Women are currently the majority of U.S. college students and of those receiving a bachelor's degree, but were 39 percent of undergraduates in 1960. We use three longitudinal data sets of high school graduates in 1957, 1972, and 1992 to understand the narrowing of the gender gap in college and its reversal. From 1972 to 1992 high school girls narrowed the gap with boys in math and science course taking and in achievement test scores. These variables, which we term the proximate determinants, can account for 30 to 60 percent of the relative increase in women's college completion rate. Behind these changes were several others: the future work expectations of young women increased greatly between 1968 and 1979 and the age at first marriage for college graduate women rose by 2.5 years in the 1970s, allowing them to be more serious students. The reversal of the college gender gap, rather than just its elimination, was due in part to the persistence of behavioral and developmental differences between males and females.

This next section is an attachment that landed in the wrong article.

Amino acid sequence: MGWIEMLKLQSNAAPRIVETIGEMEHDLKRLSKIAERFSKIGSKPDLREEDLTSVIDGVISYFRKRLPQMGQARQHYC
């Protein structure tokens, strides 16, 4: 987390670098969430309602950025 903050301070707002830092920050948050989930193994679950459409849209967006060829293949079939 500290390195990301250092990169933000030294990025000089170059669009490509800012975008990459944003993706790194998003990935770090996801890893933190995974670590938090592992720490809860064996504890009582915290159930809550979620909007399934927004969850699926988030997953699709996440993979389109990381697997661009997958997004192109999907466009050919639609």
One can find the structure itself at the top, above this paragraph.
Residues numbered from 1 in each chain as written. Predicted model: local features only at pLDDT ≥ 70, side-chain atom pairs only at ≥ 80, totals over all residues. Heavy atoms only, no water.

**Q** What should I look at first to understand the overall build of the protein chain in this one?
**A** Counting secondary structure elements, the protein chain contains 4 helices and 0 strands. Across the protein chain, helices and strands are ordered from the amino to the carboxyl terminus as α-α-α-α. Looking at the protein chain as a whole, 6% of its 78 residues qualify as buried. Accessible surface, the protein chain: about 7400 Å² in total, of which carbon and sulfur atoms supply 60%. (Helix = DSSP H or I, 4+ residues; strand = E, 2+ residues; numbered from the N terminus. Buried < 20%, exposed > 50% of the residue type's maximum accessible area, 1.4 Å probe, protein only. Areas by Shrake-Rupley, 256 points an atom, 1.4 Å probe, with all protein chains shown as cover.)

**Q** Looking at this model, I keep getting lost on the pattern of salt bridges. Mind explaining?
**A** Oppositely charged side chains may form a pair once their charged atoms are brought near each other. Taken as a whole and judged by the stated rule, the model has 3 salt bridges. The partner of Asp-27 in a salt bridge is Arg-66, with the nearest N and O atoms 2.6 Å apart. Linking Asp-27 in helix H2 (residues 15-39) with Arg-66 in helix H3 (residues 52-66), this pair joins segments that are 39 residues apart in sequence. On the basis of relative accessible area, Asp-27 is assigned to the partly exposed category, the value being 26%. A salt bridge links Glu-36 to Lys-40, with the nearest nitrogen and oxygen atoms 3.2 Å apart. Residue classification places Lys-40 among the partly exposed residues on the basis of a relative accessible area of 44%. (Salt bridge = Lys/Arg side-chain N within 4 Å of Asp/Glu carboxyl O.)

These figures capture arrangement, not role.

"The Homecoming of American College Women: The Reversal of the College Gender Gap."
Journal of Economic Perspectives,